Program Flyer: Get The Message? WWI Propaganda & The Home Front

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Contact Information
Bethany Nagle
201 W. Monument St.
Baltimore, MD  21201
Phone: 4106853750x378
Program Title
Get The Message? WWI Propaganda & The Home Front
Program Type
Individual Program
Program Rating
This program has not yet been evaluated.
Target Audience
Education: Grade(s) 7, 8, 9, 10, 11, 12
Maximum Number of Participants
Minimum Number of Participants
Primary Disciplines
Social Studies/History, Language Arts/English, Literacy, Reading, Gifted & Talented
Video Clip
Program Description
During this live, interactive distance learning program, students will examine the fears, pressures, and motivations experienced by Americans living in Maryland during World War I. Students will digitally annotate World War I propaganda posters, diagramming and drawing on the posters right along with the presenter, in order to understand the intended audience and messages of the posters. Students will then analyze oral histories, data, images, and multi-media clips in order to determine whether the posters were effective, and if so why. In the end students will have to determine if these posters were dangerous, and what the primary sources can tell us about what life was like on the home front. Throughout the program, students will be introduced to the important critical thinking skills they need to be conscious consumers of information today.
Program Format
1. The program will begin with a discussion about what propaganda is and how it differs from advertising.
2. We will engage in a review of what students already know about World War I and the American home front.
3. The participants will help the presenter analyze a World War I poster.
4. The participants will then break up into groups and review sources associated with the poster in order to determine how successful the poster was in shaping public behavior on the American home front.
5. We will engage in a discussion about the sources and what the participants have learned about propaganda and what life was like on the home front.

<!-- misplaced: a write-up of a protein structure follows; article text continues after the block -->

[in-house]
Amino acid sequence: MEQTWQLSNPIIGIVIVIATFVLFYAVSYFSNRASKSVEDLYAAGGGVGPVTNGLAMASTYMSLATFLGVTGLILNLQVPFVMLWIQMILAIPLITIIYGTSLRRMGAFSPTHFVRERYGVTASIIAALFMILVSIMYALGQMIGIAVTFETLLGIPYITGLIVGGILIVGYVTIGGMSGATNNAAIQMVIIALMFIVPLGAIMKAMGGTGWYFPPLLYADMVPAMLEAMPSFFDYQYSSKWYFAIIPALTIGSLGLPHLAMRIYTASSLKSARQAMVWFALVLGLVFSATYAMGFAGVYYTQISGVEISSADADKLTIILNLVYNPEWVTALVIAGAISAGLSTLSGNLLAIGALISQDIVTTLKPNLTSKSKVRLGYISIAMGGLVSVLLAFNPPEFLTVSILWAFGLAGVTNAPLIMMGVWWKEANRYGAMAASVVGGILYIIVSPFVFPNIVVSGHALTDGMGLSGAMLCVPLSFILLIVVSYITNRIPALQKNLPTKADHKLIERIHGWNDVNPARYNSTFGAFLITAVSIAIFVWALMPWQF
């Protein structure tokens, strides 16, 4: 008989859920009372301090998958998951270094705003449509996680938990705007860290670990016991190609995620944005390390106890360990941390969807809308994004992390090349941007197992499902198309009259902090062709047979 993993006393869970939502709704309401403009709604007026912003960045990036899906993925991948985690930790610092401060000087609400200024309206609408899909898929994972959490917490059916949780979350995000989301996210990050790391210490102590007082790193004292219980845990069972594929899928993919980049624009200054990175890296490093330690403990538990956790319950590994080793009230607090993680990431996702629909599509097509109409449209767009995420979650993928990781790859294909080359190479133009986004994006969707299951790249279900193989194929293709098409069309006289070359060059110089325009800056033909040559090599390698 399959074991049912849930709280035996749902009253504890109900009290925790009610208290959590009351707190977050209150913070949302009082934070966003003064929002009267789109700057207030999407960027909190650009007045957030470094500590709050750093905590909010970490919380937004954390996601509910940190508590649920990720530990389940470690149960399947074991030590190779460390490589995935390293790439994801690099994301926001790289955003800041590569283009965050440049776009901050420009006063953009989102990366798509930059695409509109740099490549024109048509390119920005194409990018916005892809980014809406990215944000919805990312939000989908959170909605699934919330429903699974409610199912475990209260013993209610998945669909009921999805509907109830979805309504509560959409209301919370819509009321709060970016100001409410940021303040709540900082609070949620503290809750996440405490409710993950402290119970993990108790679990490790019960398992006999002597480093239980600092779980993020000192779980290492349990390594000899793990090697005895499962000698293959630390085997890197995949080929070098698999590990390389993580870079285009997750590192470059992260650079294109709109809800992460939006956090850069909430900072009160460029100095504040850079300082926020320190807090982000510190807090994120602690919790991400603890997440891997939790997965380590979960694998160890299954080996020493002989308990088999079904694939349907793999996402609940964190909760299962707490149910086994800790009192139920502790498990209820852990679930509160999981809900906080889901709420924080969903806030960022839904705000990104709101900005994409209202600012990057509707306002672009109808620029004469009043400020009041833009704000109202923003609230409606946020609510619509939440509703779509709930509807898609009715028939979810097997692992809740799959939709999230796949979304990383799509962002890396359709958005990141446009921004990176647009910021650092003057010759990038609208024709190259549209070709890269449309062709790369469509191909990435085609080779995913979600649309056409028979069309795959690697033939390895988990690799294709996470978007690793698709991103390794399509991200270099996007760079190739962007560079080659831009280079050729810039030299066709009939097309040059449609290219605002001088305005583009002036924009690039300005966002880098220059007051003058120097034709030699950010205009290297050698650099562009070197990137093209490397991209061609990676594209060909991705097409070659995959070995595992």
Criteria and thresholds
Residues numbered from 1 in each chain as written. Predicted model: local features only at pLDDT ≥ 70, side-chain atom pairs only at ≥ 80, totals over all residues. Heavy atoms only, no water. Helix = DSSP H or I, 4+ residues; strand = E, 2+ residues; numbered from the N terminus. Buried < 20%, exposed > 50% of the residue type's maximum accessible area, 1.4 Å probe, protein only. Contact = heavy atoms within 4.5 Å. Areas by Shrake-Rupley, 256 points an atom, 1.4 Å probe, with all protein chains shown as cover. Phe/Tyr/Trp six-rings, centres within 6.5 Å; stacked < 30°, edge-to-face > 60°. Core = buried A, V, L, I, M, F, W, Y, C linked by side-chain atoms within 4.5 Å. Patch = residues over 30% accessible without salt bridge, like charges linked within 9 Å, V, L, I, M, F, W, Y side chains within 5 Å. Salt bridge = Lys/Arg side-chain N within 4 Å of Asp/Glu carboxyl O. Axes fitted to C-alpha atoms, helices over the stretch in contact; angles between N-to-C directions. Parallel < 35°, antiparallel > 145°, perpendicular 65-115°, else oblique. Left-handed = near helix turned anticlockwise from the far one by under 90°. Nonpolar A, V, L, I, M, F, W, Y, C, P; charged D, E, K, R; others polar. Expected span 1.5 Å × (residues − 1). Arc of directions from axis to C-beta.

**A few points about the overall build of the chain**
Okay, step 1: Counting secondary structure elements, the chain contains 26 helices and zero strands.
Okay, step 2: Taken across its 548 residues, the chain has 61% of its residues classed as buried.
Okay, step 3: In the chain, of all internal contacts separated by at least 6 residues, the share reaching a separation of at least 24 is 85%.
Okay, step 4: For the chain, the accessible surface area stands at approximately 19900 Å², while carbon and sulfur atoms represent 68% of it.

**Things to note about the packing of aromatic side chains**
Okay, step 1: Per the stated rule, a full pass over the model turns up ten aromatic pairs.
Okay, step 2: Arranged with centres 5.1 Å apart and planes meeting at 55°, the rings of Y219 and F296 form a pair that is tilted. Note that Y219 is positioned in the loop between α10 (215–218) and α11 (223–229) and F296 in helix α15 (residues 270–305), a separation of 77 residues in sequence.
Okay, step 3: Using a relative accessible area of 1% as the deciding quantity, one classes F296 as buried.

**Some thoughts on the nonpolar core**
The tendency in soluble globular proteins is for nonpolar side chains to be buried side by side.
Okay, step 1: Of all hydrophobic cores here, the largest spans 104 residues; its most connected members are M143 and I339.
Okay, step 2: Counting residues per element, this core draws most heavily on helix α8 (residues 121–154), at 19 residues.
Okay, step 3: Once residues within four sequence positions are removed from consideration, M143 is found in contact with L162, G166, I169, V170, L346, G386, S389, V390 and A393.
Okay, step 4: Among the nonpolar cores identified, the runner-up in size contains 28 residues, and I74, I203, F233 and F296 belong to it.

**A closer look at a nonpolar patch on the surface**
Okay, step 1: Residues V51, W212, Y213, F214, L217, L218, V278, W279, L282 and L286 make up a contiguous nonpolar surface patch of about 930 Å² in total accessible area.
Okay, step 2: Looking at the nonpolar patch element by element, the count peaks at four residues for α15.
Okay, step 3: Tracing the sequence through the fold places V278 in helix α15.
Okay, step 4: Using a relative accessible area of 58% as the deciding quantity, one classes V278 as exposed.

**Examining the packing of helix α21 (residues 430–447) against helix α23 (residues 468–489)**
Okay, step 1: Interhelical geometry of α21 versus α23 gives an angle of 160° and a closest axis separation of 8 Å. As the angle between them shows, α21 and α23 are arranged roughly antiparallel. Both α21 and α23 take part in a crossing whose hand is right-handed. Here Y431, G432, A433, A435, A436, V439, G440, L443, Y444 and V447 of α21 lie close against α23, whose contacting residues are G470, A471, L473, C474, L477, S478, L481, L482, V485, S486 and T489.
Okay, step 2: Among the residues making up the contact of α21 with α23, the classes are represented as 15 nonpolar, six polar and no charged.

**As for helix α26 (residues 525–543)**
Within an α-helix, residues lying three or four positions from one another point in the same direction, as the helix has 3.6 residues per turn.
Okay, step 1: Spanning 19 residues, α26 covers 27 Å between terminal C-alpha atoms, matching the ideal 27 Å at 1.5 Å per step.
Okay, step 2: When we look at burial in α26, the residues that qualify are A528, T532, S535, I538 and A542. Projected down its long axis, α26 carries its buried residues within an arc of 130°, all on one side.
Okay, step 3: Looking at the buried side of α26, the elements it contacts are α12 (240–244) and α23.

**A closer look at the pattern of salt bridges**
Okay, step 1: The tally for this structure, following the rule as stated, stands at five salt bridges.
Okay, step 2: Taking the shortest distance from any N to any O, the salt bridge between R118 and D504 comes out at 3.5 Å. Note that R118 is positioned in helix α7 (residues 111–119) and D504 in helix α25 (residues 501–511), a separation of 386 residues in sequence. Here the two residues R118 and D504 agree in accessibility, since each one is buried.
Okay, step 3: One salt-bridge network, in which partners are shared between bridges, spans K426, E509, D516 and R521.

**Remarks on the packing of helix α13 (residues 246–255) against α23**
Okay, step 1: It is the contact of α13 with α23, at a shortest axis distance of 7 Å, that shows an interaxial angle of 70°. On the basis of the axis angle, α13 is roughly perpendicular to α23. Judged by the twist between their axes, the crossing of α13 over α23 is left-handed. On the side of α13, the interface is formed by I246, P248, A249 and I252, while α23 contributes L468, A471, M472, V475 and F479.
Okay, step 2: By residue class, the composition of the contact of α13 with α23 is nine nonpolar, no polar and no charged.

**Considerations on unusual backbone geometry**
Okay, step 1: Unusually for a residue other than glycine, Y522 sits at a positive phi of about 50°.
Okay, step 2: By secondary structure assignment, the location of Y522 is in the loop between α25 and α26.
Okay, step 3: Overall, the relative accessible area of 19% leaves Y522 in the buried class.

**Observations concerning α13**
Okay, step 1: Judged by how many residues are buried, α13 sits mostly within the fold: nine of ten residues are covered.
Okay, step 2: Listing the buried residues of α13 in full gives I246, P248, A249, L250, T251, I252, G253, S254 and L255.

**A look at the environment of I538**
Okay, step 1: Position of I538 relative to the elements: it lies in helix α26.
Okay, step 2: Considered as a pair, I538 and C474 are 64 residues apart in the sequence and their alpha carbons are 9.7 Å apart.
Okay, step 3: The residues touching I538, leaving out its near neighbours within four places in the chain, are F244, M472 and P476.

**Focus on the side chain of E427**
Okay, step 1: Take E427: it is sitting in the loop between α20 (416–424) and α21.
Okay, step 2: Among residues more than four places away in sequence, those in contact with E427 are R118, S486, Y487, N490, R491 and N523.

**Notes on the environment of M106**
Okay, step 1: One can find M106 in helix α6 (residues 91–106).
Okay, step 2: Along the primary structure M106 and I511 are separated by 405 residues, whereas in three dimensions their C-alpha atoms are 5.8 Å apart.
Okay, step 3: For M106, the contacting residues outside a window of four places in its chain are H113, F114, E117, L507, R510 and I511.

6. Participants will break into groups and digitally annotate a World War I poster and engage in a discussion about what they learned.
7. The participants will once again break up into groups and review sources associated with the poster in order to determine how successful the poster was in shaping public behavior on the American home front.
8. We will engage in a discussion about how propaganda can be dangerous and beneficial and where we see propaganda today.
9. Time will be allowed for questions and answers.
The participant will:
-Explore how propaganda shapes public opinion and behavior.
-Engage in a discussion about whether an example of propaganda was successful.
-Compare examples of propaganda.
-Develop a deeper understanding about the pressures, fears, and motivations experienced by Americans living on the home front of WWI.
-Begin to develop the important media literacy skills needed to be a conscious consumer of information today.
National/Common Core Standards to which this program aligns
ELA-LITERACY -- CCSS.ELA-LITERACY.9-10.RI.10 -- Reading: Informational Text
ELA-LITERACY -- CCSS.ELA-LITERACY.9-10.RI.2 -- Reading: Informational Text
ELA-LITERACY -- CCSS.ELA-LITERACY.9-10.RI.4 -- Reading: Informational Text
ELA-LITERACY -- CCSS.ELA-LITERACY.9-10.RI.6 -- Reading: Informational Text
ELA-LITERACY -- CCSS.ELA-LITERACY.9-10.SL.1 -- Speaking and Listening